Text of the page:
Harry, There are a few of us on the group who do all their own work.  You got me beat.  I've mounted tires, pulled a turbo, calibrated an electronic turbo actuator, done work on steer and drive axle bearing maintenance but I haven't pulled a Cummins diesel head yet (pulled lots of gasser heads).  The satisfaction of getting a major job done right in your own garage is very rewarding.  Job well done!

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Getting the oil pan off was a real treat. The rear cross member/trailer hitch has to come out while supporting the engine. Once that is out of the way, the oil pan can be removed.

I pulled the turbo to check the seals to make sure they weren’t compromised and pressurizing the crankcase. I thought that was easier than the head. Seals were good but I replaced them once the turbo was apart. Off with the head!

 

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Ivan, yes it came out the rear.

 

 

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This has turned into a great 🧵 and I almost missed it because it's titled about Camelot slide switches, and I have a Windsor. Being a busy, busy man, I skipped on by it.  Then I saw Happycarz aka Harry Martin who I have followed on the other forum for a long time, so I clicked on it, glad I did, as always Harry has good posts.

This may be a good one for Tom to cut out the engine repair into its own thread.  👍

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I was all cleaned up for some reason one day and hugged my grandaughter. I told here to not get used to this because the only other time I would be this clean was when I am dead and in a coffin. You should of heard her howl, OH Grandpa!

I wonder how you got the radiator and CAC out of there? Many years ago I thought I would have to take mine out to change the fan to the Source Engineering one. Fortunately I found the hidden compartment area under the closet and changed it through there.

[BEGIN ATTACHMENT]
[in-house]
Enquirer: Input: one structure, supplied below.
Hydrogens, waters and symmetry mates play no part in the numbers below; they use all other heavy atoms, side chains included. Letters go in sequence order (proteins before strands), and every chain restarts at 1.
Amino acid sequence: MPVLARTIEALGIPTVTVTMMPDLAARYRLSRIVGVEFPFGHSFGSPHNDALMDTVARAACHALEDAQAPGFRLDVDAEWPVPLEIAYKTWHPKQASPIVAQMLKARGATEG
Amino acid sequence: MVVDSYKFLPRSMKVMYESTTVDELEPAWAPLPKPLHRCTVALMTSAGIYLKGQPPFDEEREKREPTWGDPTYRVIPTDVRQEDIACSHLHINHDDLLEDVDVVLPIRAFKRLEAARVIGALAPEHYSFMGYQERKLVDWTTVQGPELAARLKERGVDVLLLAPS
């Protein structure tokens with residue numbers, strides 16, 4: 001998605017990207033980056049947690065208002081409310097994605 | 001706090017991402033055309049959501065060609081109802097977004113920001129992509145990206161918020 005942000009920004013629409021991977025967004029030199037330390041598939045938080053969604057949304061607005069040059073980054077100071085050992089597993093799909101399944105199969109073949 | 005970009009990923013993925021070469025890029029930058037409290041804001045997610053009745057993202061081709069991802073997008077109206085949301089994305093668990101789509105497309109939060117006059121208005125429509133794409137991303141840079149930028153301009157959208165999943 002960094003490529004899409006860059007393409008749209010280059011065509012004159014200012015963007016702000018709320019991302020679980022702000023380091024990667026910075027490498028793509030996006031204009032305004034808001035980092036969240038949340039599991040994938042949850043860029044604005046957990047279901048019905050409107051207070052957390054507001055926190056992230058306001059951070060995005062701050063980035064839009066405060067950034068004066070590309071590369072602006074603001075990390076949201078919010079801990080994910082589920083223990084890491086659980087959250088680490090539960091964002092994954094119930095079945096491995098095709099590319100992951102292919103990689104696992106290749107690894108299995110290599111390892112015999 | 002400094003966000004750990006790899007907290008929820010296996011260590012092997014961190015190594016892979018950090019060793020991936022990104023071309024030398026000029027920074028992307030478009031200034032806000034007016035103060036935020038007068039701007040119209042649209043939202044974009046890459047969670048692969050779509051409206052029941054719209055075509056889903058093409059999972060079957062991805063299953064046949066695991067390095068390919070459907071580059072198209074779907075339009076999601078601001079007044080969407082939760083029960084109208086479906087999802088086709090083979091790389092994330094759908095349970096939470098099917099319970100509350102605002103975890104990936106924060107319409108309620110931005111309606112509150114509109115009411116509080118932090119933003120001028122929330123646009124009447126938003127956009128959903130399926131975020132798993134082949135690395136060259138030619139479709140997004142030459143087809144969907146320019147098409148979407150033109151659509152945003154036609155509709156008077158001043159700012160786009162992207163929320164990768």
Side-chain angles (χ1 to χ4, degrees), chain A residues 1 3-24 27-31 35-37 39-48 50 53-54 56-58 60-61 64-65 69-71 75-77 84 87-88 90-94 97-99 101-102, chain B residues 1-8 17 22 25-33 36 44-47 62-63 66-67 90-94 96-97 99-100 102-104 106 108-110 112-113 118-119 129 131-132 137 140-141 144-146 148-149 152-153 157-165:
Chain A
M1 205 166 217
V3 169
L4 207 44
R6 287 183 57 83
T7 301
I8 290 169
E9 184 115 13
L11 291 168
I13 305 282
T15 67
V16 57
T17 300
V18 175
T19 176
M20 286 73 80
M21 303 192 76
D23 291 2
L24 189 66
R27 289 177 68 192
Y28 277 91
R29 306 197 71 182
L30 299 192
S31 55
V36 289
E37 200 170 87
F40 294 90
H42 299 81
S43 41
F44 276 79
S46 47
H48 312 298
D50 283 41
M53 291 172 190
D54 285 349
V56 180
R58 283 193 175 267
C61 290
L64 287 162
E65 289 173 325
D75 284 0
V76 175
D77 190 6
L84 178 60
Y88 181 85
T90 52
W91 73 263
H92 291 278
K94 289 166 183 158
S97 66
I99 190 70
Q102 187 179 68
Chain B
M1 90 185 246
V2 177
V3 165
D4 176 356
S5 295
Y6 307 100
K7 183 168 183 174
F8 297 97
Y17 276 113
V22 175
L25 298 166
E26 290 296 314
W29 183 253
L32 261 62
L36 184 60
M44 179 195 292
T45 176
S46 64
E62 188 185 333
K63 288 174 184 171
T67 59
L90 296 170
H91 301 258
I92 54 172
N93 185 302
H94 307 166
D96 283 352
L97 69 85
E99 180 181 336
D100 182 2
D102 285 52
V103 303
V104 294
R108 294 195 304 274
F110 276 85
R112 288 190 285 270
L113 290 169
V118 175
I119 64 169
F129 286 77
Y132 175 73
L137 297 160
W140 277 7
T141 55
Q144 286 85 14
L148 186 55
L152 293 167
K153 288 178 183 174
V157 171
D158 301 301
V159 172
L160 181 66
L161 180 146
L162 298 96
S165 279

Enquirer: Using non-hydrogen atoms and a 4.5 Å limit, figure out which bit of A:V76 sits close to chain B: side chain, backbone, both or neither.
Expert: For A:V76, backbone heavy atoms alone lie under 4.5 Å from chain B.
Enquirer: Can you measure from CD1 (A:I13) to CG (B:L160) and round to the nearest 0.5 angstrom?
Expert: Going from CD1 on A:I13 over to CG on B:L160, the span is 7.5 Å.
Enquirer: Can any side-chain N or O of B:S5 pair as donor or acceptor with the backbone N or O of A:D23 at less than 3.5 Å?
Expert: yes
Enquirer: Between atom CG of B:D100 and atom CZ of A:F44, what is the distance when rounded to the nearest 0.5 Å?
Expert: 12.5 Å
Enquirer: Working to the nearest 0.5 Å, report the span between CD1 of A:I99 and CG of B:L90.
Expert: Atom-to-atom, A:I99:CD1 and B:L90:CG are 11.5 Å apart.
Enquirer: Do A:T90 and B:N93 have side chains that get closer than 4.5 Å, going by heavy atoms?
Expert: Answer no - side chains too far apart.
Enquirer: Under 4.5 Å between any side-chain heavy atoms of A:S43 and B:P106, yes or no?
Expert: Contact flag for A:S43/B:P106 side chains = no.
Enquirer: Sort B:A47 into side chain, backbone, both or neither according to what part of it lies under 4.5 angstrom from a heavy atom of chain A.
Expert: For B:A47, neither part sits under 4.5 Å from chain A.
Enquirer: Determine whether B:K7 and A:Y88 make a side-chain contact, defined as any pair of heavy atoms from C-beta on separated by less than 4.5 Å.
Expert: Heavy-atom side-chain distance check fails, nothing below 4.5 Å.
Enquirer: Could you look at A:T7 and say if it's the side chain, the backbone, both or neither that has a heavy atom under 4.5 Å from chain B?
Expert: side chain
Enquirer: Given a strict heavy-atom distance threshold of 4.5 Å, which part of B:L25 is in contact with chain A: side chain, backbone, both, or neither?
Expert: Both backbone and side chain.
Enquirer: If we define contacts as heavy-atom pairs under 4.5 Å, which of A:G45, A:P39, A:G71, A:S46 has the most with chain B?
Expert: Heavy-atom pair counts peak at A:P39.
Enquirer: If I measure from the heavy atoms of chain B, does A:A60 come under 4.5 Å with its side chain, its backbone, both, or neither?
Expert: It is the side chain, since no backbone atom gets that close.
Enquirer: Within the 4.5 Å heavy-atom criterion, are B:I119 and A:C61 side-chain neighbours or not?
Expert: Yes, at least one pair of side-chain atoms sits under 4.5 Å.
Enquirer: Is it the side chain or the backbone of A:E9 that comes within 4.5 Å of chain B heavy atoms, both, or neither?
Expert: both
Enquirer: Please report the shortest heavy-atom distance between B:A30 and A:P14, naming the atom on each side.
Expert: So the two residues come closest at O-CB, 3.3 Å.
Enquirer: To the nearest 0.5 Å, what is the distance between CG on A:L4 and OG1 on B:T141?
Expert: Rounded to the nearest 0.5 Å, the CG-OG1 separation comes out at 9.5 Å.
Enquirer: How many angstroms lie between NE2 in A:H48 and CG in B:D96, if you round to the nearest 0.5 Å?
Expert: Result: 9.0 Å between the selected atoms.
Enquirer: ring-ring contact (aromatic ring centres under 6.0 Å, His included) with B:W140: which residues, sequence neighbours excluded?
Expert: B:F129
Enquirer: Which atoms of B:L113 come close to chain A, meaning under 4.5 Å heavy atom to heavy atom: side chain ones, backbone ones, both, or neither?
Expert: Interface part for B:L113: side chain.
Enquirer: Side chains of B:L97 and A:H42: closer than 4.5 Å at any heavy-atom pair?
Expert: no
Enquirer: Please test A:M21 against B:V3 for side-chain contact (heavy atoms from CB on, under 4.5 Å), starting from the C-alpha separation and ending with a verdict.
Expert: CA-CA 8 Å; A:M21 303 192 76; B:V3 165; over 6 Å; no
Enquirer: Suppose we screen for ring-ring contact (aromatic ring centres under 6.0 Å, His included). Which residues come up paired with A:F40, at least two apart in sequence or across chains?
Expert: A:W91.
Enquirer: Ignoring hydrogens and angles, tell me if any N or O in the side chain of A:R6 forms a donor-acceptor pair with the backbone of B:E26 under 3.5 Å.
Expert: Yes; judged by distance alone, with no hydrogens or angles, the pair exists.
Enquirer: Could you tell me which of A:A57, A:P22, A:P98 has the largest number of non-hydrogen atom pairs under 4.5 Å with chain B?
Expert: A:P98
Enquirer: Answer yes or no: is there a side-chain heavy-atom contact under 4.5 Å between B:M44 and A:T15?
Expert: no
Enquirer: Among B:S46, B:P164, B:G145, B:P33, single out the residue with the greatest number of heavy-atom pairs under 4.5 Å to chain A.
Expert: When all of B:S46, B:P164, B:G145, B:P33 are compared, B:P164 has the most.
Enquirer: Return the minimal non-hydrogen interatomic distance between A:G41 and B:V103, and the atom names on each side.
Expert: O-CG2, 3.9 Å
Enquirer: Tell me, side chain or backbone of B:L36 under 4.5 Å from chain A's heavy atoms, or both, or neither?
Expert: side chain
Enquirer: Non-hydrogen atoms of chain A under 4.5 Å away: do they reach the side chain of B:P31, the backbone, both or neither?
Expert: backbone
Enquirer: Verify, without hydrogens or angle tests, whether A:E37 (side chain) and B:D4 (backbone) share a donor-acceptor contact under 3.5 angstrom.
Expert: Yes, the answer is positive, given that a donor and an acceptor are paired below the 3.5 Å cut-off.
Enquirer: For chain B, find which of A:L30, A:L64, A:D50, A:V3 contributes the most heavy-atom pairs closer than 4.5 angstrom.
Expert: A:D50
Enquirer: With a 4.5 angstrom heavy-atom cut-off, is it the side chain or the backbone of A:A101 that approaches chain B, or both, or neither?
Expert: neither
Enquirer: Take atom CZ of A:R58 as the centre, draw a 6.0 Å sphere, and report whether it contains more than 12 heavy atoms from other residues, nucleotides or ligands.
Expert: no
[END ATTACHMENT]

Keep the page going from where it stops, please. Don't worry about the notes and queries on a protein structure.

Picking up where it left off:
Before I was married my fil to be had me remove head bolts from Cummins engines. I used a three foot breaker bar and my feet planted on the firewall. I don't remember what the torque was set at but it took all my strength to get those darn things to creak just a little bit. I was in great shape and could press 400 lbs with my legs. 

I sure miss him. He knew diesel engines inside and out. He repaired them for a living until the heavy work forced him to take on smaller engines.

Harry, how many miles did you have on the engine? I suspect you have the DPF on yours. Have you ever had any engine ECM flash updates?

Edited by myrontruex
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Ha! If I tell my darling wife I'm going to be working on the coach and come back with nothing bleeding, she questions where I've been!  Seems I recall a movie years back titled "There Will Be Blood"...  

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I ordered my coach in April 07 through Guaranty RV in Oregon. I was asked if I wanted the ISL400 or the ISL425. “What is the difference” I asked. I was told the ISL425 had the DPF system. Well, being a Guinea pig on so many things during my lifetime, I thought I would pass on this first year “improvement.”  Glad I did, as many folks were having Regen issue with these first Cummins DPF equipped engines. After about two years, when Cummins got the software dialed in, all was good, for the most part. Those first two years were a bear for some folks.  Wisdom paid off!